Arelia Valdivia  20:06  

One thing that's really interesting about this moment is that you're also able to grow a more expansive movement, but get people from different -- from different walks of life to understand each other, understand struggle, and understand that these systems are broken in a way that they might not have, prior to this, and we see it all the time within our own membership. I think it provides a really great opportunity to build a more united and more expansive movement for reform. In this case, it's unemployment reform, but I think it leads people to understand that so many of the systems in the country are broken, and they are finally being impacted by one of those systems. And it's been really interesting for me to see as somebody who's organized for very long time to see this issue impact people who have never had to really face difficulties in the same way as workers and people of color do on the day-to-day basis. 


Traci Shanklin  21:04  

I think that's an excellent point. A really excellent point. Frankly, if I hadn't experienced it, I wouldn't know that it was broken. Well, if any of our listeners would like to get involved with the UI reform, what can we do?


Francisco Diez  21:18  

You can sign our petition that demands that Congress fix unemployment, so "Fix UI," and you can sign that petition at, so that's F-I-X U-I. You will be able to join the list for “join our movement” to fight to improve unemployment reform or to fight for unemployment reform and be able to get more information from us about opportunities to reach out to your legislators for opportunities on the state level to improve unemployment systems and get more involved.


Traci Shanklin  21:56  

Yeah, thank you. And I'll put that link in our show notes as well. Is there anything either of you guys would like to add in closing?


Francisco Diez  22:04  

The fight for reforming unemployment insurance is both an immediate need for the unemployed because this is when workers are at their most vulnerable, but also a need for all workers to fight for while they are employed. Being on the job and trying to push your or work with your employer to improve your workplace is going to be a lot easier when you have a real exit option. And that ideally, you have a system that backs you up because you're being connected through that system to organizations that are invested in your well-being and in your dignity.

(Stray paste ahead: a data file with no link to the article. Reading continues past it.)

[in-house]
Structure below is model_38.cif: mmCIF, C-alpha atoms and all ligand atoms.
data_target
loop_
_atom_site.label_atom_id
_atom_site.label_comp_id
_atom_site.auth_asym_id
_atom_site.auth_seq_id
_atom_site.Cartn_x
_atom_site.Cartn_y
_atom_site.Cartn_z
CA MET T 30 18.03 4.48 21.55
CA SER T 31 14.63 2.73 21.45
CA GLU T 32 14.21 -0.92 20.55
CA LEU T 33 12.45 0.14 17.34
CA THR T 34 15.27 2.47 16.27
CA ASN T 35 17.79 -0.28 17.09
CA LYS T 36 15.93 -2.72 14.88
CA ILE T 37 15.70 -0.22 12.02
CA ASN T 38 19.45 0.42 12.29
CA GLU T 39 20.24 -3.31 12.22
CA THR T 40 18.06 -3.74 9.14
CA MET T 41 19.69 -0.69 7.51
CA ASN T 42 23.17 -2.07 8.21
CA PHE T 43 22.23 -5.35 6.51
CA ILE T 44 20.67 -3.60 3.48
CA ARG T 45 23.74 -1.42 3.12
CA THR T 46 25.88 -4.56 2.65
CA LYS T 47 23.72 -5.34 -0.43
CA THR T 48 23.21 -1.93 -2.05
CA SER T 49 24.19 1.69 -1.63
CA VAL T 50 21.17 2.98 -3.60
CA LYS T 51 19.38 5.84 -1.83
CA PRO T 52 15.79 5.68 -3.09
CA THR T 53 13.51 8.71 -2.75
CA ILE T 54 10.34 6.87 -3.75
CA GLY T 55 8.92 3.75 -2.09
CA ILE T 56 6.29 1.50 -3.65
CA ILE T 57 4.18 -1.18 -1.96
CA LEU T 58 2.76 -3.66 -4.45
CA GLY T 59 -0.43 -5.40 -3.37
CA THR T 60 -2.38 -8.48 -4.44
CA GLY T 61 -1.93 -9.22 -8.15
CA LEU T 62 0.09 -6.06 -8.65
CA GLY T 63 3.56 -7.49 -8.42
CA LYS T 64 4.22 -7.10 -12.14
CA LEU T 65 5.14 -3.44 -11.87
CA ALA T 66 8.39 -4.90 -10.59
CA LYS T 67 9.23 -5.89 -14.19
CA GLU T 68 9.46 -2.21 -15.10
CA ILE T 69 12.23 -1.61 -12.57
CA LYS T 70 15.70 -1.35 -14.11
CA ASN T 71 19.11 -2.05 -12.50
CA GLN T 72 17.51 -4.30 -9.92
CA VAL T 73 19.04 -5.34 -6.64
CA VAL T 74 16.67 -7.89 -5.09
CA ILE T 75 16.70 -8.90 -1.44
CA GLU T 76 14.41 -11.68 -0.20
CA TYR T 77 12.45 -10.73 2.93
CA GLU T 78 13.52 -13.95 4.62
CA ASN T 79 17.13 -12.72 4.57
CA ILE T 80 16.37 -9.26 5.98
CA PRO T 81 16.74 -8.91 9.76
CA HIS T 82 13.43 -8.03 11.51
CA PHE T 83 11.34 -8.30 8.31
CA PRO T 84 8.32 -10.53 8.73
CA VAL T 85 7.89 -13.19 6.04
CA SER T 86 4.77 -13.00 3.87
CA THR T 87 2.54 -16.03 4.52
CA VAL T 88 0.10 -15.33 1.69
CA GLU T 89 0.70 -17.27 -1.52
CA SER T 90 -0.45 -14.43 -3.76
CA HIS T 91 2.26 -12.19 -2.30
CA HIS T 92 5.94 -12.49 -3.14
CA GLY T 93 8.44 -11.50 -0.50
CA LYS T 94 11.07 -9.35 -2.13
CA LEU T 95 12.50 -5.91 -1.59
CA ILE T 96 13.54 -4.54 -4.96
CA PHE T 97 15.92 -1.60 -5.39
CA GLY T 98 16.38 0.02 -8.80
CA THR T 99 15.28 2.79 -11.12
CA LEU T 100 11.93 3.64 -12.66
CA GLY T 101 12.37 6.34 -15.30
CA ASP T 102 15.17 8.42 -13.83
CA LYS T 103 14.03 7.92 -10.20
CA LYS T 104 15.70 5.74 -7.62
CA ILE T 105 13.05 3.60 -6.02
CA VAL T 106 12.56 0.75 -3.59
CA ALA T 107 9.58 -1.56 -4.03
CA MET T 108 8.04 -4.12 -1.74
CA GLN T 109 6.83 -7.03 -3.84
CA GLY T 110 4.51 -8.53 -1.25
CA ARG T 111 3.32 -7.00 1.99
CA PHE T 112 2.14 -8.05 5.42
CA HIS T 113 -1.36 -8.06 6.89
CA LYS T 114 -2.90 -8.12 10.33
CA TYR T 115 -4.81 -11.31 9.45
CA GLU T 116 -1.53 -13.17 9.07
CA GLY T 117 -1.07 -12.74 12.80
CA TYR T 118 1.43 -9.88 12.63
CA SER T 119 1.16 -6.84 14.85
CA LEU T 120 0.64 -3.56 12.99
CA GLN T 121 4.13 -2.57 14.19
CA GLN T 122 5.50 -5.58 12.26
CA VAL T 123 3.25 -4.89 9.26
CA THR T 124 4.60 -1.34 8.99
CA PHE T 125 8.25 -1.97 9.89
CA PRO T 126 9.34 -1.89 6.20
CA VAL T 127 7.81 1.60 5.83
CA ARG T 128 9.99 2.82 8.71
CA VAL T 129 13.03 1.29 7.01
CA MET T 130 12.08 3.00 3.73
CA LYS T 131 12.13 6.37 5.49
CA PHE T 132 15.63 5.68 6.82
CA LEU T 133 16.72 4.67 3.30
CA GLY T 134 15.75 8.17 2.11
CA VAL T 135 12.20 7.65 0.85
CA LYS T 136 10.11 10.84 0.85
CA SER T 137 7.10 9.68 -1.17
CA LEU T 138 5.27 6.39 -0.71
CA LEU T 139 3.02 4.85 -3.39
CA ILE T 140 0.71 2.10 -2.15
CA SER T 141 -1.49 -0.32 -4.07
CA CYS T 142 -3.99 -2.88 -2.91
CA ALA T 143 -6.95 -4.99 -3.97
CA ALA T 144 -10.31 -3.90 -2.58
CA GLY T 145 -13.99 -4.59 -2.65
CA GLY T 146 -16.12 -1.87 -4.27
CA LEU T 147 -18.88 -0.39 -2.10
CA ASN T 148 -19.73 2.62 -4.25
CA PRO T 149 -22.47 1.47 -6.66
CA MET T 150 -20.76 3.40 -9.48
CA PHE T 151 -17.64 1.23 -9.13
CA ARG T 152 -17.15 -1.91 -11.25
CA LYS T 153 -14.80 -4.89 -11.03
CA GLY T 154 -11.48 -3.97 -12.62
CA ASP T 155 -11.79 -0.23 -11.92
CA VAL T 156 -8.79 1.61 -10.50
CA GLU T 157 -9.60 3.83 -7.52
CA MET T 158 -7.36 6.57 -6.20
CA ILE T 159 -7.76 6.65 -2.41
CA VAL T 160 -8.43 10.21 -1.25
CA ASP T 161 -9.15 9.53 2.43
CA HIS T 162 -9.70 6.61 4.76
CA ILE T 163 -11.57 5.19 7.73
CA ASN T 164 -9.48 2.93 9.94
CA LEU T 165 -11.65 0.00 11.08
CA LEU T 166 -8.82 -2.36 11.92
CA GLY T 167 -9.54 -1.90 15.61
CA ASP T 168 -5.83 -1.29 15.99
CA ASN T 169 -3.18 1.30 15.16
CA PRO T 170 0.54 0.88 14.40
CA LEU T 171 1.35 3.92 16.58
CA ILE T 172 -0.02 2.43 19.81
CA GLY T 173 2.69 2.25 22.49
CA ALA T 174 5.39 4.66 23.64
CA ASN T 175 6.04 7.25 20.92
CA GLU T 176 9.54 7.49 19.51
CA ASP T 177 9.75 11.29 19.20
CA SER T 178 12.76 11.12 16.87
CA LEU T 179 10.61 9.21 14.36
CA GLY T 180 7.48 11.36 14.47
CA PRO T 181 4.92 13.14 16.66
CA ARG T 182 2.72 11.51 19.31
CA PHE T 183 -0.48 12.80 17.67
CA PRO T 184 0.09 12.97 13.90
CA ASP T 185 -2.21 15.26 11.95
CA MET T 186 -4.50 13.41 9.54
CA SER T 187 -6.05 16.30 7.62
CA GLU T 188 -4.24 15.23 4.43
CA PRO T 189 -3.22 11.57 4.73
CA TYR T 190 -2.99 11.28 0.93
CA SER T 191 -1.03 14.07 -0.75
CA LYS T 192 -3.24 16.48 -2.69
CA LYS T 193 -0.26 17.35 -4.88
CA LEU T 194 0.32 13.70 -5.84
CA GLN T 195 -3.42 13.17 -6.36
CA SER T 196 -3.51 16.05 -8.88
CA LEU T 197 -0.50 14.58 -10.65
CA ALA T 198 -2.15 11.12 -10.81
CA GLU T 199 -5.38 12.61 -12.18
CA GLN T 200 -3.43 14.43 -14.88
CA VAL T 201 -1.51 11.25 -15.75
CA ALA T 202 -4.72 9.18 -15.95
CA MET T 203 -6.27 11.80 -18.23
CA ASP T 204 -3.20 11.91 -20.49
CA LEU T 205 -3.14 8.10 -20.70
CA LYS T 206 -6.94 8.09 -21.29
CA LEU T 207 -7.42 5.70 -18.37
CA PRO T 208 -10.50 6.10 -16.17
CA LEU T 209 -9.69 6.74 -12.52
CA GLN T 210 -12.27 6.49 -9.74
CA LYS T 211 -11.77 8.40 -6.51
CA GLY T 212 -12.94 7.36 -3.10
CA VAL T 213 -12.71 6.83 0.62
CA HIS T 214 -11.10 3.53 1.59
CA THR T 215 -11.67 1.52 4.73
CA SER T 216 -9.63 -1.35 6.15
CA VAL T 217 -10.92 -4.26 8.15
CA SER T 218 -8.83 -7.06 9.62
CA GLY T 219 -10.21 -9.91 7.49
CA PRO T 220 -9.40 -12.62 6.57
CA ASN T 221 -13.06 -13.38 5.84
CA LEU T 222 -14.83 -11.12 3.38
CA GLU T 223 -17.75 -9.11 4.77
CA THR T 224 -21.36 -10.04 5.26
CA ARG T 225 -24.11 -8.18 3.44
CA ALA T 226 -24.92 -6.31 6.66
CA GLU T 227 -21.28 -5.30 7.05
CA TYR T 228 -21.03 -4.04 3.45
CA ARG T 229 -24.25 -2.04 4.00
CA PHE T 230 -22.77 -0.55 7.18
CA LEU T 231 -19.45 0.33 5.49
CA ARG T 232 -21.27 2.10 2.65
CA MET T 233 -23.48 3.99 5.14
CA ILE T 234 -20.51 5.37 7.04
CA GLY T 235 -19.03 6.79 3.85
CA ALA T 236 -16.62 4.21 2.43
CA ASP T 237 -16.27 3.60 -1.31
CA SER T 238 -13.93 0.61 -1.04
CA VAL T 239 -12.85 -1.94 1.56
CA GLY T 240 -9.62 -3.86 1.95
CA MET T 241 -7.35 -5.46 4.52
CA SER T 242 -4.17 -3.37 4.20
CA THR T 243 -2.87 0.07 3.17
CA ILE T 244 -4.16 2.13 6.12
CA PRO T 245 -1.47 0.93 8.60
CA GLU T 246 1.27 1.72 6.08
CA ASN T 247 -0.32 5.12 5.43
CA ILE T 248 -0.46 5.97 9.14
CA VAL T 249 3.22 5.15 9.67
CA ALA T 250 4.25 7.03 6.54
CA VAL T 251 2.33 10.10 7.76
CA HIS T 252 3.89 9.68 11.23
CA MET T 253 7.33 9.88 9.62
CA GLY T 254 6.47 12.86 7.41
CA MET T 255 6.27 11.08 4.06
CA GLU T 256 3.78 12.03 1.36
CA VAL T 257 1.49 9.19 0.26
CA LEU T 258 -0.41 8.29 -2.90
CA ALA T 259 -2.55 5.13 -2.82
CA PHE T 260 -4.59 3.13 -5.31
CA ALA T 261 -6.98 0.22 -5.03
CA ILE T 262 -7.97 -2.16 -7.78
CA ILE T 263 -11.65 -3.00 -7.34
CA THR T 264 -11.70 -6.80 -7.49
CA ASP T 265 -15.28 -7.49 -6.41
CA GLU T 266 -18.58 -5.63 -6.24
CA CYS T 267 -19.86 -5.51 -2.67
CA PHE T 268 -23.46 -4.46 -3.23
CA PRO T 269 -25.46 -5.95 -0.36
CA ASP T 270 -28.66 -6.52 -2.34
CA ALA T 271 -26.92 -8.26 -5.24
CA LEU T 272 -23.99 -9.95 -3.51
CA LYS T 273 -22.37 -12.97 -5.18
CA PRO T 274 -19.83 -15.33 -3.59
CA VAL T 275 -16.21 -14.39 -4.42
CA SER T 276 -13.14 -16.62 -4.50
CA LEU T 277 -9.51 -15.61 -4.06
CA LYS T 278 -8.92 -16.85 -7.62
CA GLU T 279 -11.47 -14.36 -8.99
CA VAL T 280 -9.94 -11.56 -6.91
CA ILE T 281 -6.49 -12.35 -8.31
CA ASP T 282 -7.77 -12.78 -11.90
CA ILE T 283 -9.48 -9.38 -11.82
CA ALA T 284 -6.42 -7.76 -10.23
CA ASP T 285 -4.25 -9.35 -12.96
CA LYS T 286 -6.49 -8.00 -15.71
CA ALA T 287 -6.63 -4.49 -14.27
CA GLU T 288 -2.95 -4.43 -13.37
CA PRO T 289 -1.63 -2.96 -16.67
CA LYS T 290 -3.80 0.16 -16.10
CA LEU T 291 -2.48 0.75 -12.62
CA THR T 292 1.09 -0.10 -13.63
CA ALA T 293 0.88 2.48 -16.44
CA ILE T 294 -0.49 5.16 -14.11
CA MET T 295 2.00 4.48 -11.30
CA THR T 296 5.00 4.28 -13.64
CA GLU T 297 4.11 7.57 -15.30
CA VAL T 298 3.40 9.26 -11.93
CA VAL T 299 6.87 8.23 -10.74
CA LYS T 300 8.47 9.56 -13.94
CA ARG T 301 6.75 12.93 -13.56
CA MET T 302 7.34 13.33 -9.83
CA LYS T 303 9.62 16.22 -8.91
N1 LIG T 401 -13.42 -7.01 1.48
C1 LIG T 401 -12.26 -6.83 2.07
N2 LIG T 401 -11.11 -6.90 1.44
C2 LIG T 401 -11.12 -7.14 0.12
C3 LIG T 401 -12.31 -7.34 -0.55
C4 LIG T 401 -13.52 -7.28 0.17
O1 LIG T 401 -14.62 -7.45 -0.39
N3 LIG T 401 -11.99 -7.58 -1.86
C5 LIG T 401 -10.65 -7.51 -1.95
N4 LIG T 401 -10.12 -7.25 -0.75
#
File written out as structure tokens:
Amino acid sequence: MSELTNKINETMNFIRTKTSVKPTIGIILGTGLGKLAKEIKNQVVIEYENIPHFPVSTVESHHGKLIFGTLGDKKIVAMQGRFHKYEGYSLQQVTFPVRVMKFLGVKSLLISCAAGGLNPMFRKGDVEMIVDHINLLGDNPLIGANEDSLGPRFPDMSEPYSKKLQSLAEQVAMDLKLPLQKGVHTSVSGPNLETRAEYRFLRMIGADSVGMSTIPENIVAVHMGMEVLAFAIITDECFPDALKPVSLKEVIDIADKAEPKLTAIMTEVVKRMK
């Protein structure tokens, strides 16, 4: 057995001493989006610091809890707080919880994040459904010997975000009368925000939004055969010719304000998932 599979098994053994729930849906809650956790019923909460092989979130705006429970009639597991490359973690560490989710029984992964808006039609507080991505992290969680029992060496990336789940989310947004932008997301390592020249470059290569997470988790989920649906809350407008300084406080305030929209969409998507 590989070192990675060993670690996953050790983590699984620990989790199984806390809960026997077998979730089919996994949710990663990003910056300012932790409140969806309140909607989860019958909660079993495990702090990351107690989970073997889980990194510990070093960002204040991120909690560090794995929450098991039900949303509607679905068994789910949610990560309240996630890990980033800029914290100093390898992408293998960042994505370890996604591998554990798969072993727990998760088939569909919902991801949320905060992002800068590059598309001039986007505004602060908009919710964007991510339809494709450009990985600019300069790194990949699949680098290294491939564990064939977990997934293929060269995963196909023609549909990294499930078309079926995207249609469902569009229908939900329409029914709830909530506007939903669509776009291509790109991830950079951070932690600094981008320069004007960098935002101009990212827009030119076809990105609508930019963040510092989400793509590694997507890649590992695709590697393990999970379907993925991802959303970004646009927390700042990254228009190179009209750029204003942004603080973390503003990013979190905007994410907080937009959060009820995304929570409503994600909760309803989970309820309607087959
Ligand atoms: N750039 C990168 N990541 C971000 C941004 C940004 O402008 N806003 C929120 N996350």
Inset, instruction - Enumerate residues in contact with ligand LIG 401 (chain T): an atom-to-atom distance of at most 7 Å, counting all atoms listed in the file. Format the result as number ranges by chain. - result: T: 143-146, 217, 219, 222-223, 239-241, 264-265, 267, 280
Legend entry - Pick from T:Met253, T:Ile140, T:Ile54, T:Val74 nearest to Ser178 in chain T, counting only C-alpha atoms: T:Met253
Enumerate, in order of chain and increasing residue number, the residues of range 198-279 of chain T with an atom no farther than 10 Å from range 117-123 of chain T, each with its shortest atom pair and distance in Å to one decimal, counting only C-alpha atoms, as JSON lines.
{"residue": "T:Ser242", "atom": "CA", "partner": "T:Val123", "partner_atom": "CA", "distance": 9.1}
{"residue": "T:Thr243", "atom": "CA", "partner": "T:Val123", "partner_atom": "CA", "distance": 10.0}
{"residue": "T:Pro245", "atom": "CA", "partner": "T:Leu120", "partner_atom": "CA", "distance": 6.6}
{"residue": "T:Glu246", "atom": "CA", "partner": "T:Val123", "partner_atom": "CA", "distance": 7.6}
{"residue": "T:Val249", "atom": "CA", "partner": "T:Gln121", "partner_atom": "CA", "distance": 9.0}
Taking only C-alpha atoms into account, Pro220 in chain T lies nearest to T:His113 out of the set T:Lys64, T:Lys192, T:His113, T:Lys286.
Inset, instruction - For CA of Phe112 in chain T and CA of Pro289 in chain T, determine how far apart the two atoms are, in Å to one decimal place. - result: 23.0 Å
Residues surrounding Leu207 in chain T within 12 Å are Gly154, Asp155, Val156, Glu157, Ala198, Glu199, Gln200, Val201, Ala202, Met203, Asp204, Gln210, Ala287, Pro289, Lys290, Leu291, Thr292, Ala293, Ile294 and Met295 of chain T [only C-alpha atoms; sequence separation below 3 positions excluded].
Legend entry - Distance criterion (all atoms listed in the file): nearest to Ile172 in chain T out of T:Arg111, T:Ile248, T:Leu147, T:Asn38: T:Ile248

Traci Shanklin  22:43  

Well, I really appreciate both of you taking the time to join us in the conversation today. And I look forward to seeing all of the great things you're going to do where UI is concerned, and you know, I would love to have you back when you're working on something new and different or you need any help expanding your message. If you've enjoyed today's podcast, please consider supporting us with a voluntary contribution at That's Or you can subscribe to us and leave us a five-star review on your favorite podcast platform. We are available on Apple Podcasts, Spotify, Google Podcast, and many other podcast platforms. And, of course, you can always find us on our website at That's Here you can find our entire podcast library and join our newsletter. Thanks again for joining the conversation where listeners connect with leading experts throughout the multiemployer world. Be part of the change.


Narrator  24:04  

And that's it for this week's episode of The World of Multiemployer Benefit Funds. We'd love to have your support. You can show your support by sharing episodes, making comments, or heading over to for other partnership opportunities. Thank you for joining us, and we look forward to the next time.


Disclaimer  24:26  

Sisu Partners, LLC hosts The World of Multiemployer Benefit Funds podcast which contains content and discussions that are prepared for informational and educational purposes only. No listeners should assume that any discussion on this podcast serves as the receipt of, or substitute for, personalized advice from an investment professional as the information provided on the podcast is not intended to be investment, legal, or tax advice. The company is not an SEC-registered investment advisor and does not solicit clients or raise capital for money managers. Sisu Partners offer securities through XT Capital Partners, LLC.